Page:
With the 3DCERAM ceramic 3D printing tech, Anywaves develops new satellite antennas – Express Keeper



The spin-out of the French Space Firm, Anywaves, has used the 3D printing facilities of 3DCERAM to build a modern ceramic antenna for the small satellites. Over an 18-month span, the space firm has designed the GNSS L1/E1 Band antenna which utilizes Zirconia material as well as has a lattice structure to produce the ‘highest radio frequency efficiency’ for the 3DCERAM’s 3D-Aim consulting program. Anywaves is now determining how better to move forward with the component’s development. Anywaves completed a three-step process in partnership with 3D-Aim which brought them from a blank sheet of paper to be prepared for the creation of pieces.

The 18-month process began with a risk study that aimed to evaluate the technological and economic specifications of the Anywaves antenna, as well as the possibilities of malfunction by considering the CAD file of the client mostly during printing, washing, debinding and sintering cycles. Here, to comprehend the right way to manufacture the final element, 3D-Aim printed multiple benchmark components with various lattice architectures. The firms then focused on the CAD file very closely, updating it to incorporate the outcomes of the first step of the procedure to increase technical tolerances, monitor content consistency and more.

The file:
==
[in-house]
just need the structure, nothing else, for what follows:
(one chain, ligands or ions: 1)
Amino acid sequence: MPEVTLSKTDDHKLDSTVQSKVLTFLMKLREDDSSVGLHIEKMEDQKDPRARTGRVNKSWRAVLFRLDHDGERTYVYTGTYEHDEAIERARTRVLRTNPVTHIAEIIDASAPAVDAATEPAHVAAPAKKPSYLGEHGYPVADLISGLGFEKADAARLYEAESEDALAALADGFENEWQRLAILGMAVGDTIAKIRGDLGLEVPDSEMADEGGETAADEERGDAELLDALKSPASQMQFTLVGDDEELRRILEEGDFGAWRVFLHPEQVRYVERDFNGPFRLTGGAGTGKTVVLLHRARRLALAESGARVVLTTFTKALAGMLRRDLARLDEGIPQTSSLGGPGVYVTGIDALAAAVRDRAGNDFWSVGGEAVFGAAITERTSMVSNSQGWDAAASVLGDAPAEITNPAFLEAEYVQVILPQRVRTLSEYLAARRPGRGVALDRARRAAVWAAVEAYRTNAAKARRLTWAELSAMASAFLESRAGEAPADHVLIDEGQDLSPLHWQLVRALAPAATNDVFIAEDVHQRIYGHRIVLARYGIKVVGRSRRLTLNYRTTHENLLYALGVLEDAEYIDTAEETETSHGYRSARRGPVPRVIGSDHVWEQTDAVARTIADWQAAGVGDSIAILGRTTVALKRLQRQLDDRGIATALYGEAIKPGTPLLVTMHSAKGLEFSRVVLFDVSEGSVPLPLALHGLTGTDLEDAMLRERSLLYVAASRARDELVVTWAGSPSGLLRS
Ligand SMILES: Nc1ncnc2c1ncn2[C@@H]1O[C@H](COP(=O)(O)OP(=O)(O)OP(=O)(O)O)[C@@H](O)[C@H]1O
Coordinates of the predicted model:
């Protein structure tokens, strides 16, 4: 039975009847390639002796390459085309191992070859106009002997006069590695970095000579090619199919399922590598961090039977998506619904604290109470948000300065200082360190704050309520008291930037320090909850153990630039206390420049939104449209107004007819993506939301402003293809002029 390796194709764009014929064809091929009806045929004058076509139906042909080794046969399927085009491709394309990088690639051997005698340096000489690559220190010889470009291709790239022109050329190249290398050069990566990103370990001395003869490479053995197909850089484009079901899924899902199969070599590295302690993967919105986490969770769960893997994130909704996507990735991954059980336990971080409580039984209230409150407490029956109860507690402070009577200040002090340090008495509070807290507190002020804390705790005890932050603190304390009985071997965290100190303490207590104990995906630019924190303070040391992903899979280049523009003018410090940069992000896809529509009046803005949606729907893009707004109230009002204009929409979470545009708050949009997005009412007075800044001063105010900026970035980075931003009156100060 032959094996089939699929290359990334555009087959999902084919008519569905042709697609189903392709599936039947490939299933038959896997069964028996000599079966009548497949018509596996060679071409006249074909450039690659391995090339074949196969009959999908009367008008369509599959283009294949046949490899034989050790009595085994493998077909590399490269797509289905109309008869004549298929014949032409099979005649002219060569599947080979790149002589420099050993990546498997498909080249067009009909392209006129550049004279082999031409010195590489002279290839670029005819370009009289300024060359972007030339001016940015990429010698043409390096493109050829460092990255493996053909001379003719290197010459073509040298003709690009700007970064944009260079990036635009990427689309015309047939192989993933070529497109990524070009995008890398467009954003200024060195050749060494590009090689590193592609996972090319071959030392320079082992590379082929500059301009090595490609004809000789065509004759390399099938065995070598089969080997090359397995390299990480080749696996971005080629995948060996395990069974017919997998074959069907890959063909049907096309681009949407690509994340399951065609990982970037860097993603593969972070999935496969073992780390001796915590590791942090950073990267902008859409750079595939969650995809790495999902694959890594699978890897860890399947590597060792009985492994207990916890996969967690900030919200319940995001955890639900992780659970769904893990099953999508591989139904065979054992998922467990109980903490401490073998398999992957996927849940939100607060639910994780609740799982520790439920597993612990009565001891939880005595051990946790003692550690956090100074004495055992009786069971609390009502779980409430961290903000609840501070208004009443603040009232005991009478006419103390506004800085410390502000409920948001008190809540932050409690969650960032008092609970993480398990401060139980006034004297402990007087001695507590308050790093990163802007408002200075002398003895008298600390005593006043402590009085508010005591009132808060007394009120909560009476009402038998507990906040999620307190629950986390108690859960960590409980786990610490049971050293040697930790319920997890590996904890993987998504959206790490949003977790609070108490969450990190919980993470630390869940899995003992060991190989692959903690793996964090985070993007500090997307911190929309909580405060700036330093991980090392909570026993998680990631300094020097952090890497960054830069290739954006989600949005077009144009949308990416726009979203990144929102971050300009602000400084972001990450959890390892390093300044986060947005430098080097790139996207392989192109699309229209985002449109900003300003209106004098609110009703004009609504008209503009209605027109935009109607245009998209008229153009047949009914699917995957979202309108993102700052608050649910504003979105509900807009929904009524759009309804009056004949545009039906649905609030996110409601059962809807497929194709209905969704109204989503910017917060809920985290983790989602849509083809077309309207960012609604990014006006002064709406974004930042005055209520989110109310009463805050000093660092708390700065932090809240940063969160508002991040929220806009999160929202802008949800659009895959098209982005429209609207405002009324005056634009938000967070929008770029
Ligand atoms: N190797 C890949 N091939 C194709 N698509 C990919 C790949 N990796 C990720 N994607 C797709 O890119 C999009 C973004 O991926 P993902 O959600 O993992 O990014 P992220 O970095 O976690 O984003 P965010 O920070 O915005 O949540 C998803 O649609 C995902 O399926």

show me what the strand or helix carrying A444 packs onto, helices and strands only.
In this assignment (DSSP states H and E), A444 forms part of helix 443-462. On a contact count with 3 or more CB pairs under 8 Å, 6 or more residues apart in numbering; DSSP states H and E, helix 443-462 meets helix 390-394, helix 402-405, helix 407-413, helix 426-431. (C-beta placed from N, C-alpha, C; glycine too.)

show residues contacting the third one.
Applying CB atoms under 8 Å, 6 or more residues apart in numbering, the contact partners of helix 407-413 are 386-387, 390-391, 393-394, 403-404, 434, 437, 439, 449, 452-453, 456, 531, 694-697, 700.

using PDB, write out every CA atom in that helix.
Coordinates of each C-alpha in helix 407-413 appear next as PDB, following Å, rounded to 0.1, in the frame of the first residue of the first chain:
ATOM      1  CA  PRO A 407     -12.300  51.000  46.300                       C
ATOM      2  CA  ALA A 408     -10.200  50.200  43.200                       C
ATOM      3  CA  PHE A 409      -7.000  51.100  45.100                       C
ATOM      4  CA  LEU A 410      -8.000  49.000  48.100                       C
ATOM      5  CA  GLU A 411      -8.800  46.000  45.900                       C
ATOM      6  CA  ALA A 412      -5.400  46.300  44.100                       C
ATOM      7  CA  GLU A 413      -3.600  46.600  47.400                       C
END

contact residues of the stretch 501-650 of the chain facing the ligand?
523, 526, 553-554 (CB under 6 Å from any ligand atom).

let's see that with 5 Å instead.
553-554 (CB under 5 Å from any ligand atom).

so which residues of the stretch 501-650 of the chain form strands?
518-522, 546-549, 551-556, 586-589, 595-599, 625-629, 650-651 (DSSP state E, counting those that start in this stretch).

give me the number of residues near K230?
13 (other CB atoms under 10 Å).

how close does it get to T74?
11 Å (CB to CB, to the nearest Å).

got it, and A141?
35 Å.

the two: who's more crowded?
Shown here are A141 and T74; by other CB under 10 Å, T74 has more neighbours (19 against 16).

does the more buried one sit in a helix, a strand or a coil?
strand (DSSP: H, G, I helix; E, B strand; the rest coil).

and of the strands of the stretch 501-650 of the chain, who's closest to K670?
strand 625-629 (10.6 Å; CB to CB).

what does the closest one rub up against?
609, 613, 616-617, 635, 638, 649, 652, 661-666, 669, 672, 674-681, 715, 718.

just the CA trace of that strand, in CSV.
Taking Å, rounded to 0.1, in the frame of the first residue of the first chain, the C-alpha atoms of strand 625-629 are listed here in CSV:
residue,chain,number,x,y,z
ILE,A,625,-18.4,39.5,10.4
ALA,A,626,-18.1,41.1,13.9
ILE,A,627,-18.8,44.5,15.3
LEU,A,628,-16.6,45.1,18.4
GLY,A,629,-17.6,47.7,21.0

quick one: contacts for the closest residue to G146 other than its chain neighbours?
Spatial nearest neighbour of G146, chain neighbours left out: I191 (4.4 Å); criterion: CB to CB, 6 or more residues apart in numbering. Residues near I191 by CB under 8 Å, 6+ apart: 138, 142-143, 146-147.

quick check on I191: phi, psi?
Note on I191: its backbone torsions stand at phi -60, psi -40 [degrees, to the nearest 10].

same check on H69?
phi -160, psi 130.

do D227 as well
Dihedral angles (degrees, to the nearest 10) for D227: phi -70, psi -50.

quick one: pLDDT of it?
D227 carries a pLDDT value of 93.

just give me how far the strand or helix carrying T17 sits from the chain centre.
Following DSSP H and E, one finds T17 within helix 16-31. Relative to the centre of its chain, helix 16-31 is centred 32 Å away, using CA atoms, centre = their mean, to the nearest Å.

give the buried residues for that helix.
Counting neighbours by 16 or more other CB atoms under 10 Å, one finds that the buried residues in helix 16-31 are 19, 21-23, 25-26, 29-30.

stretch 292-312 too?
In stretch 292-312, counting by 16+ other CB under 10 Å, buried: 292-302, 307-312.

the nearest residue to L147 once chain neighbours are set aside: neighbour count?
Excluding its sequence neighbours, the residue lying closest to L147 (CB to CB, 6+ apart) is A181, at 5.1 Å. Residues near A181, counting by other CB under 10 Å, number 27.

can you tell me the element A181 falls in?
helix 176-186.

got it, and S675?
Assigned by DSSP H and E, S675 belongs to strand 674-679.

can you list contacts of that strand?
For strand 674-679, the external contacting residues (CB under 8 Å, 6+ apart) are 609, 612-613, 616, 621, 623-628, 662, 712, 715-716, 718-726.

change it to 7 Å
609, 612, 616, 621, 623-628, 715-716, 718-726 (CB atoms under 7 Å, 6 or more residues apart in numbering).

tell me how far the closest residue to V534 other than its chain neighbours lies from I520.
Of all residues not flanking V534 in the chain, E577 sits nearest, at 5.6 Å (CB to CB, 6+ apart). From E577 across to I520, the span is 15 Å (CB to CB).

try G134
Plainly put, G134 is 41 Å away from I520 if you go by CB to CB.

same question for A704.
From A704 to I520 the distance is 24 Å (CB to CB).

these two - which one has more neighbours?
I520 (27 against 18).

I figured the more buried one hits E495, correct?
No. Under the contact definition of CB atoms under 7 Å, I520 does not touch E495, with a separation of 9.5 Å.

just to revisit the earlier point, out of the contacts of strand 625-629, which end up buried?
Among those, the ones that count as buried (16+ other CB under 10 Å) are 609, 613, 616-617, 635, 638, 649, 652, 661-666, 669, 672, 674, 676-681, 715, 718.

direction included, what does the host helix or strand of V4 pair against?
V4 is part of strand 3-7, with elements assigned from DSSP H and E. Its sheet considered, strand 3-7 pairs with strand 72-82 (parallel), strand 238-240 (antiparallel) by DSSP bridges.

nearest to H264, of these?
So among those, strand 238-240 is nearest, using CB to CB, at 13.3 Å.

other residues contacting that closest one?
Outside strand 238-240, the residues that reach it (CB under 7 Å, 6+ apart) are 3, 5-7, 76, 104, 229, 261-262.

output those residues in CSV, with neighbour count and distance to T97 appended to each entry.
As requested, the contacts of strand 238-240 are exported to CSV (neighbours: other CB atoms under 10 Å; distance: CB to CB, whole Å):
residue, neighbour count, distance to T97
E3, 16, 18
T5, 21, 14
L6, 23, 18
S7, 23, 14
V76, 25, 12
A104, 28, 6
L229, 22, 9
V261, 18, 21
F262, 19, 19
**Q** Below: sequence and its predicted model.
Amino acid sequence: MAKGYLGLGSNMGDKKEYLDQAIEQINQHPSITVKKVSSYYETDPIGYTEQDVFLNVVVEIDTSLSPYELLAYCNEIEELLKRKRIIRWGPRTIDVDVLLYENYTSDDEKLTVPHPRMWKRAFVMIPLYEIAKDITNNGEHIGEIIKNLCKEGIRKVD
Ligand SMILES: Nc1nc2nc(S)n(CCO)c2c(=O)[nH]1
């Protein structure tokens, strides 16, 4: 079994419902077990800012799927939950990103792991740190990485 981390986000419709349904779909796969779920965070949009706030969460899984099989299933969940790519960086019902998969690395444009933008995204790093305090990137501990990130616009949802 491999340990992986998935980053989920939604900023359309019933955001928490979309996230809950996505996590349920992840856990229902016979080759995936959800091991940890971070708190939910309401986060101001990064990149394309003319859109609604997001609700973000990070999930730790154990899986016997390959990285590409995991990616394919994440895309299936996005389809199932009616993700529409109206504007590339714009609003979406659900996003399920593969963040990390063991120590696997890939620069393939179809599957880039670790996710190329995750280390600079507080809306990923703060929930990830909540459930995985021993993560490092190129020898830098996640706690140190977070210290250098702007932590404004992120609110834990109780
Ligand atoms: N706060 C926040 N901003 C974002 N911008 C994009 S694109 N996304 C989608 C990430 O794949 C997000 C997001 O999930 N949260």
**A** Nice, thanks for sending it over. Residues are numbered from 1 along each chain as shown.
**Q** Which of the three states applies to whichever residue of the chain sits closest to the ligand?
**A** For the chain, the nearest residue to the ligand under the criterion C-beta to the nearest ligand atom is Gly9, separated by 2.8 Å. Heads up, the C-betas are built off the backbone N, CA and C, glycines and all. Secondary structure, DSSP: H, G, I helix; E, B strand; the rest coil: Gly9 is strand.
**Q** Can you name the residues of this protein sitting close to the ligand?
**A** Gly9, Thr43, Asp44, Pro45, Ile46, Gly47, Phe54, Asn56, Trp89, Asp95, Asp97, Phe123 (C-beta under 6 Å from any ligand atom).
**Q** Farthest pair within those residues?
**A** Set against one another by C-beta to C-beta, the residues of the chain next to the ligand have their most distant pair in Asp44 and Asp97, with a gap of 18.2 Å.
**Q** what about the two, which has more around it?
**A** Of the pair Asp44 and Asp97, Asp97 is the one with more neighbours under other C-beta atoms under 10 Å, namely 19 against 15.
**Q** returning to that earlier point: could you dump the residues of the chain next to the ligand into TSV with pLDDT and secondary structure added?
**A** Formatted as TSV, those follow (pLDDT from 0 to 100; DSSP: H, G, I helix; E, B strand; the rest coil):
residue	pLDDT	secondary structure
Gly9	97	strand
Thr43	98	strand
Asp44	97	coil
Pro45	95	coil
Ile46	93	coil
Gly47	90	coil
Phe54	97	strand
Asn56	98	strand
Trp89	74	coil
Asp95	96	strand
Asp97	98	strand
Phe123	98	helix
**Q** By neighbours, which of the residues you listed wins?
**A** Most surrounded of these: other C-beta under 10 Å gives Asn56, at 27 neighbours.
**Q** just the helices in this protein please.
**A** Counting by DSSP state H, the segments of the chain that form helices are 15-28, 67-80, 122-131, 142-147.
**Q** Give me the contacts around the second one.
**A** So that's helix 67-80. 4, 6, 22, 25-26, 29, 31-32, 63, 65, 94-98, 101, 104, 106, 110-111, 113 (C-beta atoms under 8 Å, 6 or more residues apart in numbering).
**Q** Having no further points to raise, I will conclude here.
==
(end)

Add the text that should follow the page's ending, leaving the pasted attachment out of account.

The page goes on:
The partners have concentrated on the particular initiative in this second level, factoring in effect on print quality, print time and expense, as well as contemplating the scale component to ensure that the item is printed in the correct dimensions and completed with the surface finish necessary. The CAD file was finally considered ready for development with prototypes of the design printed as well as firing experiments done in an attempt to ‘mature’ the design. Anywaves claims the subsequent antenna, with outstanding radiation characteristics, can survive extreme conditions without the thermal protection due to ‘stock selection as well as less feed system soldering.’ Anywaves’ next move is to go into antenna product development, either through the service offering of the 3DCERAM or by continuing to invest in the 3DCERAM printer as well as taking the technology in-house. Additive engineering has been widely used in aerospace for several years now, making news of the 3D printed rockets as well as satellite modules, and even the zero-gravity 3D printer! The aerospace sector, mindful of its potential to minimize costs and improve performance, has long shown its faith in 3D printing technology. For astronauts who need to build replacement parts or even other items in the event of an emergency during their flight, 3D printing is also a fascinating option. Anywaves leapt in any event, moving to 3DCeram’s 3D-AIM program devoted to companies in this competitive market.

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